Reading the HR press is an interesting cross-section of business challenges. More need to focus on talent than ever, new legislation, new technologies, external and internal boundaries blurring, wage inflation coming, pensions auto-enrolment proving more difficult than expected. And in these recent weeks, some commentators have suggested that HR is the least strategically important function for a CEO. Phew, it’s a tough life being in HR.
These pressures are no different for other functions, nor for a business itself. So, what can we learn from other functions? And what does HR have uniquely to add on top? How can we differentiate?
Credibly predicting future behaviour. Many other functions spend most of their time planning, recasting around how to impact business performance. What activities are our competitors or customers going to need us to do, in order to keep their business? This, by nature, is always driven from the outside. The more depth and insight you have, the more credible your voice
Single-minded focus on growth, or bottom-line improvements. Most front-facing functions worry about demand creation, engaging relationships with customers and how to drive sales. Most internal departments create subjective, flexible KPIs to synthesise the change they are trying to make how.
Controlling (in economic downturns). Finance departments are well known for this; and this oft comes through careful detailed attention to the small things, and strong analytic behaviour throughout.
Innovating. Unleashing the potential of all to contribute to great ideas can be the root of huge value creation. HR can play a pivotal role here. Do your colleagues come to you first, when they want to stimulate innovation?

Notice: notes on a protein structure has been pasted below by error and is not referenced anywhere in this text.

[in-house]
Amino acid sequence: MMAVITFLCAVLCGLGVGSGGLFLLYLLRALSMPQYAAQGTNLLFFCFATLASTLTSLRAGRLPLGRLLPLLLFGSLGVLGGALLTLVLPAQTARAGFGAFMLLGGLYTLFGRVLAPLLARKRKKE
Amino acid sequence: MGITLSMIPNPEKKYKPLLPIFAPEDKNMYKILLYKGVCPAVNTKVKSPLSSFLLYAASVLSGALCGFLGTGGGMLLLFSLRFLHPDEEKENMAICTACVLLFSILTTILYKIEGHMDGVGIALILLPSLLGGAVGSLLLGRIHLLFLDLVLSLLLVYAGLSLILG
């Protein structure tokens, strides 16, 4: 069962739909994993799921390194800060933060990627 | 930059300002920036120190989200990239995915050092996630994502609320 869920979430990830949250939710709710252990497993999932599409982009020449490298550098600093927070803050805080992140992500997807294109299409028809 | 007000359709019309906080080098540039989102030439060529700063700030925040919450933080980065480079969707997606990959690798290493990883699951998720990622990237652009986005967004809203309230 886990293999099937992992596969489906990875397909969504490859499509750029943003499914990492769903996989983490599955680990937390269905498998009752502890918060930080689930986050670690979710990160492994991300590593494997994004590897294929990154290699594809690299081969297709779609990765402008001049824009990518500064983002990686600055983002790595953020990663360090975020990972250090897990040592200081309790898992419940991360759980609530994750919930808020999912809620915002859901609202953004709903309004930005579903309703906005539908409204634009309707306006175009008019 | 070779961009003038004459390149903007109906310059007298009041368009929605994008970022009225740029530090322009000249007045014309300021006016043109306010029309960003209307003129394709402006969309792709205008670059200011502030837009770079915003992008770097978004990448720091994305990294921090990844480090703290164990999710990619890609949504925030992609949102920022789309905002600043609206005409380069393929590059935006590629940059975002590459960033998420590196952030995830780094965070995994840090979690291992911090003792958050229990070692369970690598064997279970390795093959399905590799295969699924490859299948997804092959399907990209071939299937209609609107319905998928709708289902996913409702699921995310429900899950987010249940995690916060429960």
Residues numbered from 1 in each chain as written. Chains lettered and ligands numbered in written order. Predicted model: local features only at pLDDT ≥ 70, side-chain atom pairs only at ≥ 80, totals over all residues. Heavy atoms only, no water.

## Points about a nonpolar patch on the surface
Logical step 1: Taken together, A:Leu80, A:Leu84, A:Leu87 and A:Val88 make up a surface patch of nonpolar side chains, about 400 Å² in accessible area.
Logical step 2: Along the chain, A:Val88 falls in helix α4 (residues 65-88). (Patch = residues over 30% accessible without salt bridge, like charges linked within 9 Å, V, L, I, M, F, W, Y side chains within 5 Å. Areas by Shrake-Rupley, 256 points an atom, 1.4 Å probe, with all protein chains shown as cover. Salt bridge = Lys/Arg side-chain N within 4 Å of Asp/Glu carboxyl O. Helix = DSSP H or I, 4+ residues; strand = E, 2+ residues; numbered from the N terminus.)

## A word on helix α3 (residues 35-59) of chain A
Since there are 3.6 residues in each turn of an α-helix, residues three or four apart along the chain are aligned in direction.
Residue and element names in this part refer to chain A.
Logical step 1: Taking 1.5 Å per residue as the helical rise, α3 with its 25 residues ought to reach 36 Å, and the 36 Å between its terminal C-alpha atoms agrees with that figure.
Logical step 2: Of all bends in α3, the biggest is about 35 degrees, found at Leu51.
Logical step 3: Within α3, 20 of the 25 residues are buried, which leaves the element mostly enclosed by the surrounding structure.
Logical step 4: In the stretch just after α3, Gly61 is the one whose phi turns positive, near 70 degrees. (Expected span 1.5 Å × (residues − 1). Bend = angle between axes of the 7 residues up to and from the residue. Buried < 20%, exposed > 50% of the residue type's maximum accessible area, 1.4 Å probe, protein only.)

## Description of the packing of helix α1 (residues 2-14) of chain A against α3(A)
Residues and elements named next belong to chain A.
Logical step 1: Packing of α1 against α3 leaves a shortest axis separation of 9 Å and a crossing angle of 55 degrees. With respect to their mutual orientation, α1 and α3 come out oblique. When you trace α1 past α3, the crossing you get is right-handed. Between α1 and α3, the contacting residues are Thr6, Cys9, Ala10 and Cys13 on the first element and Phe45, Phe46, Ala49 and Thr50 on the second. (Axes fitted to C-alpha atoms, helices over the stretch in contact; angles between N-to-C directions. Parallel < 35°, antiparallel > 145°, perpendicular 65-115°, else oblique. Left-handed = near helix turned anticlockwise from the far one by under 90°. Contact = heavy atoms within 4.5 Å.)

Getting the basics right, and rising above them. All functions have the need to deliver the basics. Not one of them gets off if their core delivery is poor (for any length of time). For everyone, this is table-stakes, and the core delivery of HR needs to be strong.
Link activities across the organisation. HR here has a hugely privileged situation. Few functions get across a whole organisation and see the linkages between teams. Finance teams also see this, but they can miss team and process behaviour as they focus on the financial outcomes. Linkage is so often missed that HR can and should be strong in this discussion.
Agility in reshaping. So often, other functions are wrapped up so much in their operational delivery tasks, that their capacity to be agile is reduced. It takes breadth of vision and insightful team shaping to be agile in approach. It can vastly reduce project timescales and costs, if done cleverly. HR can be central to this discussion, if it has the confidence to have a voice.
The need for a separate voice? Many other functions appear strong in their voice and opinion. Some, like marketing and HR, are more accessible and therefore subject to more well intentioned external input. Others are less accessible, like IT and finance. The core to the strong ones is a clear view of their purpose and vision. Without that clarity and voice, HR may need to accept the role of “key support team”, rather than “strategic influencer”.
As we change our thinking into a new set of economic conditions, all these points come in to sharp relief. How well we, as HR, contribute deeply to the agenda in these areas counts. When we are clear about our own performance and the right areas of focus for our organisation, we can drive the agendas with simplicity and impact. When we do so, the CEO’s door will always be open. The opportunity to be central and to create long-term value is there; the question for us is how well we engage in the vision, and on the Journey.
Doug Sawers is managing director of Ceridian UK & Ireland